He is very nice, too. Is this what people mean when they say the opulent West is the Church's prime mission field?




Monday, March 12, 2018

Comfort zones

Go outside your comfort zone, and where does it get you? I went outside mine a few weeks ago, to borrow from the library a novel written in the 21st century. Normally I have a theory and rules about that, i.e., they're not that good so don't bother.

I am sure this particular novelist is a lovely person but her novel confirmed my theory and rules. I abandoned it after thirty pages. It was familiar: written as if by someone who had attended too many writers' workshops, and been mentored and edited by people who had done too much the same. I believe -- another theory -- that they are all taught to fill pages by minutely describing action. She crosses her legs, the slick polyester lining of her knock-off wool pants catching at her unshaved legs. Lord, had it been that long? Since Matt left? That's me, not her. But you see how it goes.

When you borrow a clutch of novels from the library and the rest are Georgette Heyer and Norah Lofts and Barbara Pym, and yes I do read men novelists sometimes and yes I can see why Barbara Pym's seventh was rejected by her publishers since it does very much resemble the previous six, lots of middle aged scholarly women fluttering about the vicar, still, -- when you borrow books at least fifty years old and then this new one, you spot a change. I think you spot a depletion in educational background, in a depth of material to write about. More importantly, you spot a change in what I might call the effort of tone. "Attack" perhaps, as musicians are said to attack their instruments as they begin to play. You miss the sense of a writer merely transparently struggling to describe, in beautiful language, what has never been seen just this way before. What you get instead is the trained, workshop voice: a consensus having assured the novelist "just describe anything, once you get going it's all interesting and true." Meanwhile, because she has not dug into her own ideas, her soul if you like, we meet no people in her first thirty pages whom we can really see, and see no houses we can really enter.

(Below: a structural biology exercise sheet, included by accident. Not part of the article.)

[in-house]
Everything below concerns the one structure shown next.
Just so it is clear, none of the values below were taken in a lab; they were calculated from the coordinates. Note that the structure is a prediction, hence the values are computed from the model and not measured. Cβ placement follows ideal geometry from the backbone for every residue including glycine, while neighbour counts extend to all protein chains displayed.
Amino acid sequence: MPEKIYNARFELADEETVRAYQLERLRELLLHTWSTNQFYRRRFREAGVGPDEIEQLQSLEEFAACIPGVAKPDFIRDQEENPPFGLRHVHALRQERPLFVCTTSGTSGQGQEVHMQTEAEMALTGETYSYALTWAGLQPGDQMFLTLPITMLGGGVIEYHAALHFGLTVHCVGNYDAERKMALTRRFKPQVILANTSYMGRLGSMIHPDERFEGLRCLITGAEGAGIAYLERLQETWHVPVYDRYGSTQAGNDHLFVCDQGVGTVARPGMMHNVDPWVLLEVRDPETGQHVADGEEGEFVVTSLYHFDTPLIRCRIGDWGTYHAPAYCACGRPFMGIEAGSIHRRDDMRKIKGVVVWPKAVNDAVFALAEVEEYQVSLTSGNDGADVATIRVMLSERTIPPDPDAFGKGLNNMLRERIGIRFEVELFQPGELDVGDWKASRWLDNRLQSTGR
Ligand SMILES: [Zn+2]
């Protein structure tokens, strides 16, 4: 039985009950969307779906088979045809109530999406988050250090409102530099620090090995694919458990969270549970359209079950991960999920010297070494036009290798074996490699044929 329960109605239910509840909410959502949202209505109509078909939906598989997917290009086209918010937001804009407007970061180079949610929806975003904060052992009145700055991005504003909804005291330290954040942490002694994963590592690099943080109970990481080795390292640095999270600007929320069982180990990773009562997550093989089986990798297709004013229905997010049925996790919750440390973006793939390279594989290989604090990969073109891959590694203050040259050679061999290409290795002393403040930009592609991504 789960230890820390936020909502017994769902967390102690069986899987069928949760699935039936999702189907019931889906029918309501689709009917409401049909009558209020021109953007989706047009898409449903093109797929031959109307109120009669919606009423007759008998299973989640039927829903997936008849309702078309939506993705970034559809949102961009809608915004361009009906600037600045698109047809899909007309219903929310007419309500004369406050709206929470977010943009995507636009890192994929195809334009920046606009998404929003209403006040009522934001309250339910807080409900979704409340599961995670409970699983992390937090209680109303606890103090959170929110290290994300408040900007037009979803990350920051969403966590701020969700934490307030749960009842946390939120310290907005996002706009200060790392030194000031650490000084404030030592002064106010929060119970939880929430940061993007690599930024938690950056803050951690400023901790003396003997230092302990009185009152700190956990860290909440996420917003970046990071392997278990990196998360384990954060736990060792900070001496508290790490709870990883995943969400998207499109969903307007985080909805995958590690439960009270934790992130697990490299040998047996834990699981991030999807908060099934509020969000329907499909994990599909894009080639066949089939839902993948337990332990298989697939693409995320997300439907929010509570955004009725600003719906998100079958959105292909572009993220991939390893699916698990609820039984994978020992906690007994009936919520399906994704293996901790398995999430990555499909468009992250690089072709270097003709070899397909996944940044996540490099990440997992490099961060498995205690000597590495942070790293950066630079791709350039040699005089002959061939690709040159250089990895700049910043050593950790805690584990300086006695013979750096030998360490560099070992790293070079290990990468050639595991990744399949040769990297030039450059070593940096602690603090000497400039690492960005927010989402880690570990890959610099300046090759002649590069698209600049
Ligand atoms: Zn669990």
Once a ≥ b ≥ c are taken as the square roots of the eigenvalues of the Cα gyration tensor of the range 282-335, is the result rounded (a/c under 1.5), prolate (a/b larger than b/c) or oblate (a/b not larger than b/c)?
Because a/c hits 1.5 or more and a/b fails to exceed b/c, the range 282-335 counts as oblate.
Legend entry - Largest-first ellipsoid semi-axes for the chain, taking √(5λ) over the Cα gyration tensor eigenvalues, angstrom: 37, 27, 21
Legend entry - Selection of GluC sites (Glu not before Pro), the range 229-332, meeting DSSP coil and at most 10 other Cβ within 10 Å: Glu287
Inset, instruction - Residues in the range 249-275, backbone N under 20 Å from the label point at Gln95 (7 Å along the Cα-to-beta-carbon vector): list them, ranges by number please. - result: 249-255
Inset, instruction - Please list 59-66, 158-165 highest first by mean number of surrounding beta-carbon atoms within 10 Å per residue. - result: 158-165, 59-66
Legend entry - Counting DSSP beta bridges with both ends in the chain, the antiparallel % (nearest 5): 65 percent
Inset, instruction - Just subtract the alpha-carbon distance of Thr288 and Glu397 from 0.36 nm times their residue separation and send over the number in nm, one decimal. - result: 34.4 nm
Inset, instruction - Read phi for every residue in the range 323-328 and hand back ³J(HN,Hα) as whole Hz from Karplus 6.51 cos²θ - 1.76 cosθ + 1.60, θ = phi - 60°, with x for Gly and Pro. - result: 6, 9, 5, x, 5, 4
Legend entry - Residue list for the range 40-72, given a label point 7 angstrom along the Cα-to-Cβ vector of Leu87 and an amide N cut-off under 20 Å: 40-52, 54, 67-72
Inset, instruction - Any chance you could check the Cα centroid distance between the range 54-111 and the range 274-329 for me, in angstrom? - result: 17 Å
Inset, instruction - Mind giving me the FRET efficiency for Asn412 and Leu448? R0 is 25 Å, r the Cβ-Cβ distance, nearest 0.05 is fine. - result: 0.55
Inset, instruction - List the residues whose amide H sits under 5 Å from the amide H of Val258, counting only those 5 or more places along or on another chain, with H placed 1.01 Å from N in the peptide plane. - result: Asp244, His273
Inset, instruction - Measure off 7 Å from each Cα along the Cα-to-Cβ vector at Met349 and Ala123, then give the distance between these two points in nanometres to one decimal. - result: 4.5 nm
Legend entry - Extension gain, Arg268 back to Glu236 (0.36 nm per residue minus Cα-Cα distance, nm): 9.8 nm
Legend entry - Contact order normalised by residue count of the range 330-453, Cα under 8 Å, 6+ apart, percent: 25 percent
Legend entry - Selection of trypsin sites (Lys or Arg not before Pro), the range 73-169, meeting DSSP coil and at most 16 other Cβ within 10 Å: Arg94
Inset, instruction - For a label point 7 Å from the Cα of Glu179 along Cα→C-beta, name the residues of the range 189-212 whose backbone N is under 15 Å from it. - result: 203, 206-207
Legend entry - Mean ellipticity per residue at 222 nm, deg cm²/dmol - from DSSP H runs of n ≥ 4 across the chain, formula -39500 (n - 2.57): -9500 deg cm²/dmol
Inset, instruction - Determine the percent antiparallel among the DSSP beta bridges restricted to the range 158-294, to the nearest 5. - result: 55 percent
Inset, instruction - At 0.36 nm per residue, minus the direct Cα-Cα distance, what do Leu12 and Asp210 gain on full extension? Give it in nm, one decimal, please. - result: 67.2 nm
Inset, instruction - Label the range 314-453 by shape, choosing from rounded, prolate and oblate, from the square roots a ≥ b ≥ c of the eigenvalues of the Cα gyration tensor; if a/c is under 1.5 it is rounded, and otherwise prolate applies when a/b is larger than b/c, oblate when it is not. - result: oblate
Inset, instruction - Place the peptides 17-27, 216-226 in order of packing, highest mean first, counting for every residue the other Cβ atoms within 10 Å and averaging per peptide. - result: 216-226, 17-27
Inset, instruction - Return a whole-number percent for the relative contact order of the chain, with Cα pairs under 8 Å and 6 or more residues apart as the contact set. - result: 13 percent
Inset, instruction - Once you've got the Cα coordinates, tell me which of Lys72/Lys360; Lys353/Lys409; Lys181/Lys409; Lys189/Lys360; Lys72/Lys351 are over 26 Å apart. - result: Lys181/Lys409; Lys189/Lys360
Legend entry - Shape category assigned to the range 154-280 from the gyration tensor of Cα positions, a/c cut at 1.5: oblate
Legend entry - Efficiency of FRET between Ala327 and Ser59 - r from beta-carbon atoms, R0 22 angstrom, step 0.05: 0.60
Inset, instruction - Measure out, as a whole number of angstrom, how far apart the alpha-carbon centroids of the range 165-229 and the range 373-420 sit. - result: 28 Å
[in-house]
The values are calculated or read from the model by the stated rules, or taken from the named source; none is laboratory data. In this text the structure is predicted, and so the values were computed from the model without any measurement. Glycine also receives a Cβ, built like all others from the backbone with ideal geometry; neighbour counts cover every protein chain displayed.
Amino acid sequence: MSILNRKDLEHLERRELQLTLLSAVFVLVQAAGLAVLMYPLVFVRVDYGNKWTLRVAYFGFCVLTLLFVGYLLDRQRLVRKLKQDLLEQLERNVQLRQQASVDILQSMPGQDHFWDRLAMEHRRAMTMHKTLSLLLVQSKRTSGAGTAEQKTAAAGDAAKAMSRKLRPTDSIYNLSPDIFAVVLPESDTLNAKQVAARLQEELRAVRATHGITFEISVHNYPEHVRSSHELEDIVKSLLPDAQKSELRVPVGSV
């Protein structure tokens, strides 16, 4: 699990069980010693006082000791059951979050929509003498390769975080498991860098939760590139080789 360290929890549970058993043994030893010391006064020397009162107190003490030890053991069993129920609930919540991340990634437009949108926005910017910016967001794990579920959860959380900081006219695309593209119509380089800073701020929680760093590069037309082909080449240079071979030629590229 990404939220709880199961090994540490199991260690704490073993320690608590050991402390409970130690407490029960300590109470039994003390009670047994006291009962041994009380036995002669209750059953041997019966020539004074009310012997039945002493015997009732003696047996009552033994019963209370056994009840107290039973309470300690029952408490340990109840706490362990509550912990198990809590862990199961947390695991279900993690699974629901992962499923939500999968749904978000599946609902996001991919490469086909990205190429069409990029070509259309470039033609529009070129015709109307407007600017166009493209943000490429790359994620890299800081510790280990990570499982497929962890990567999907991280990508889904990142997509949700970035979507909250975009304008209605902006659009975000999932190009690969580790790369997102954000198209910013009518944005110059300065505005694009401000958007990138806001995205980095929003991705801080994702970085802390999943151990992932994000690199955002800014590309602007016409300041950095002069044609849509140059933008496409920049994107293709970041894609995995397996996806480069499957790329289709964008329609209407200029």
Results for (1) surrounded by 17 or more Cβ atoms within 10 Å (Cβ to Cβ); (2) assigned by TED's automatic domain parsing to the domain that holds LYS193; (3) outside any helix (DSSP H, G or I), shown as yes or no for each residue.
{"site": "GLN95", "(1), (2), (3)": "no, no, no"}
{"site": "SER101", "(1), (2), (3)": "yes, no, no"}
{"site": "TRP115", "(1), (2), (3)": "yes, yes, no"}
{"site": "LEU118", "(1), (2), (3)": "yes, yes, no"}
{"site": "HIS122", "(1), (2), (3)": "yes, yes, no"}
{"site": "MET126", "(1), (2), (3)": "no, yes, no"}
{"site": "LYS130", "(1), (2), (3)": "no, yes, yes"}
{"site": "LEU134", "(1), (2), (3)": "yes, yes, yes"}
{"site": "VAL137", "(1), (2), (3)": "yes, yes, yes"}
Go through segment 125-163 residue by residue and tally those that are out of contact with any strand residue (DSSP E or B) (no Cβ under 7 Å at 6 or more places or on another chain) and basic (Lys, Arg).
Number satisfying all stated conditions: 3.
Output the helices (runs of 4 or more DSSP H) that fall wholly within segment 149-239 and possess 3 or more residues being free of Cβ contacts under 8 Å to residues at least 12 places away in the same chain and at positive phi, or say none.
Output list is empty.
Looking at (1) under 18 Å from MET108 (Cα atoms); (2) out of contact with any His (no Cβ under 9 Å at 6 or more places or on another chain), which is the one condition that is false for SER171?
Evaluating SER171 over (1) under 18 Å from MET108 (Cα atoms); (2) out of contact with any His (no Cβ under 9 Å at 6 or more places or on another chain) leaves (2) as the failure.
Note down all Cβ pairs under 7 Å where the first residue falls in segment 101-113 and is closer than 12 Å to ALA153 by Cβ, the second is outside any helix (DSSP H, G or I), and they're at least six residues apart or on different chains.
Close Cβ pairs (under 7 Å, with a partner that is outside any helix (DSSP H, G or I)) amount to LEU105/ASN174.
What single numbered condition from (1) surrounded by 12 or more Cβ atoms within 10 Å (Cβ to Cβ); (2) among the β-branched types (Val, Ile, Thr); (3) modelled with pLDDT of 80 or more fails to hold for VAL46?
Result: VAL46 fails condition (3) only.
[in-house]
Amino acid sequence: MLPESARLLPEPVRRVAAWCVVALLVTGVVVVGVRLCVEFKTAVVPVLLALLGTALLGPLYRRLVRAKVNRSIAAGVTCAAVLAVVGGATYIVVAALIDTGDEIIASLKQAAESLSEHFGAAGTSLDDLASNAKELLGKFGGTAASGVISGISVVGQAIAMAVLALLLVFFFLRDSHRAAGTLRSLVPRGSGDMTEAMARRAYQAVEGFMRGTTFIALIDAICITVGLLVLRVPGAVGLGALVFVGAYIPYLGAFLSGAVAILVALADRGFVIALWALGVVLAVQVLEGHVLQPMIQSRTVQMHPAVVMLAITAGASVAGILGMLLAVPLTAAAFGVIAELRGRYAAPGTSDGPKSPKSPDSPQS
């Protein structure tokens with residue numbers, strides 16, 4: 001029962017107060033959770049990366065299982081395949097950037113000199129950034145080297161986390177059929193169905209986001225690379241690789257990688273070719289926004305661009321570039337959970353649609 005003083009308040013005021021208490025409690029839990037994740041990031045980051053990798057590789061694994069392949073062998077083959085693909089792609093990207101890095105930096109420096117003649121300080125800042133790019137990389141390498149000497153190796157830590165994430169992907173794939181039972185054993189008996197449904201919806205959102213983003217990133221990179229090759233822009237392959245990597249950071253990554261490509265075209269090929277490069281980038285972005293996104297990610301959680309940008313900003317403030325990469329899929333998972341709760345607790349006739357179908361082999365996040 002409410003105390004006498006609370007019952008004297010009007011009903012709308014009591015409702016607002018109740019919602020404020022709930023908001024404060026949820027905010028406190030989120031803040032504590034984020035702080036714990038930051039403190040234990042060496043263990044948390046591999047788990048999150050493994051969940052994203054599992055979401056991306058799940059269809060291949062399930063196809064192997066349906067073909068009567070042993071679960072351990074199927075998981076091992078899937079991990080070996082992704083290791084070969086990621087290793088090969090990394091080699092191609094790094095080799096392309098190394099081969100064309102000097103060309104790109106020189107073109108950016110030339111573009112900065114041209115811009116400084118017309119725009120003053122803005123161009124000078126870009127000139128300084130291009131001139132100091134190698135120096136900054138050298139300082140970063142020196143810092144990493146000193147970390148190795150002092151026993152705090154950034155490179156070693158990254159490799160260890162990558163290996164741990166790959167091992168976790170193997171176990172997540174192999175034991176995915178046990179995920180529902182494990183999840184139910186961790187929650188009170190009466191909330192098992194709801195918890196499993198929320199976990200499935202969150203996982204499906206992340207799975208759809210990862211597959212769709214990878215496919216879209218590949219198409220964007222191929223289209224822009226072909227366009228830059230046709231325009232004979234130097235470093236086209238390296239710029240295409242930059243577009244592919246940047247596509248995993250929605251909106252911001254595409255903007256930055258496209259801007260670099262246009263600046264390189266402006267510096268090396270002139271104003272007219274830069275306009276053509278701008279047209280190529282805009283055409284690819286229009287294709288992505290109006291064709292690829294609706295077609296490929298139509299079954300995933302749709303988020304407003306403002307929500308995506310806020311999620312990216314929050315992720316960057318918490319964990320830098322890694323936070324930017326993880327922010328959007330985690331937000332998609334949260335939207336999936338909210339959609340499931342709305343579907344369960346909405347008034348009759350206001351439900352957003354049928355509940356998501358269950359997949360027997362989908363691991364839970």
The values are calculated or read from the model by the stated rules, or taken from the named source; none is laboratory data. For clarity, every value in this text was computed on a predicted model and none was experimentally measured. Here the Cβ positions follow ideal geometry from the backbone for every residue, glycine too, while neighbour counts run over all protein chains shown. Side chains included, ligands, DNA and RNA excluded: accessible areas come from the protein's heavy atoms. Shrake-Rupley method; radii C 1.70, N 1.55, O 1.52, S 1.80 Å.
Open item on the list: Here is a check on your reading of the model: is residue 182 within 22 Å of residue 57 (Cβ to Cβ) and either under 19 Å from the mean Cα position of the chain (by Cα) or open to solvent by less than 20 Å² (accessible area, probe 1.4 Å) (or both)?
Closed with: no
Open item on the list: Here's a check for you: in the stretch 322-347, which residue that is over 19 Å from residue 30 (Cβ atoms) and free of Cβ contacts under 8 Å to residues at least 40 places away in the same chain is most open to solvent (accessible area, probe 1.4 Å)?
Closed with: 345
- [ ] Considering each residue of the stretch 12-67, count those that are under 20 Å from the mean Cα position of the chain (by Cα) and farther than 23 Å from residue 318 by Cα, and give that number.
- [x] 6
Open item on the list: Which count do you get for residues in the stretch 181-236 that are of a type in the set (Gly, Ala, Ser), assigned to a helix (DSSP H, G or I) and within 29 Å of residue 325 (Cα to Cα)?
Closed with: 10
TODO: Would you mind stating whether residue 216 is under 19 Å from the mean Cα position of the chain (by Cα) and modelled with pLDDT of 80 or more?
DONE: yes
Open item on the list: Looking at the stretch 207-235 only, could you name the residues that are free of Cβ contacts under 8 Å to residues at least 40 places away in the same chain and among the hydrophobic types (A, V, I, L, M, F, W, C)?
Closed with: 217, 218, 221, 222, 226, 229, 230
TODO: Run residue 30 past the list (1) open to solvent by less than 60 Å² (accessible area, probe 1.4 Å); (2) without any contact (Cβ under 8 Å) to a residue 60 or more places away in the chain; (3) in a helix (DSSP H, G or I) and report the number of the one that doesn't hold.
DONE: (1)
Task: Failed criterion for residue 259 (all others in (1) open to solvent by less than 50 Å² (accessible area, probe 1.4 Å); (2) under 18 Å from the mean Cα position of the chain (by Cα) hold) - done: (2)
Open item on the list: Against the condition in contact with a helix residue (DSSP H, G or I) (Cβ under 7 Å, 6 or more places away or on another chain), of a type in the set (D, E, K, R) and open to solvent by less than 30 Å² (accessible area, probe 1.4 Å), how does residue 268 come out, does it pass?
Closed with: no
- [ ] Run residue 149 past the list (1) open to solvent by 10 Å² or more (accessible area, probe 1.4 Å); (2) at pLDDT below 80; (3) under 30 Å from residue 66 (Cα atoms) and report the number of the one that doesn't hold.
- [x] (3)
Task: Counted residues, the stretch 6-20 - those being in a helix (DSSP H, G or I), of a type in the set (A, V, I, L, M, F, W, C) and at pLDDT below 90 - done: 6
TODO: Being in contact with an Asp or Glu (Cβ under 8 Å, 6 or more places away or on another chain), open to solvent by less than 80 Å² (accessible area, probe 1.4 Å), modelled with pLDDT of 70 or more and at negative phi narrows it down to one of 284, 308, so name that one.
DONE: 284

Norah Lofts, to take a random example of fifty years ago, is different. She effaces herself from the story in Which Way to Bethlehem? (1965), sketching natural scenes of generations of people building a road by dropping stones in a muddy path each time they go to the well to fetch water; or of an old slave woman in ancient Korea trying to earn a little money telling fortunes, and unwittingly telling such accurate ones that her angry clients pay her almost nothing but lie awake all night aghast. Georgette Heyer, well, she is just Georgette Heyer. In the past I have abandoned her, when her downmarket characters' dialogue becomes too annoyingly well-researched to be borne. But one forgives her for her titles -- Regency Buck! -- and her ability to have a lofty lady on page one respond to deadly insult by lifting a lorgnette and exclaiming " 'This is indeed the language of the theatre!' " Things like that. I promise I will still try the occasional modern novel, but for a long time they have seemed so predictable. They just don't go well.

Part of the reading for the day happened to be -- the day's reading. Have you ever looked at the "Readings for the Week" in your parish bulletin (of course you have) and wondered, mercy, what holy rollers read the Bible just any old day? The readings are very specific and relate to each other, having been chosen for the purpose by whatever group of scholars assembles the Lectionary. On Monday, March 5, you might have read from the Gospel of Luke about that time the ex-neighbors tried to throw Jesus off a cliff.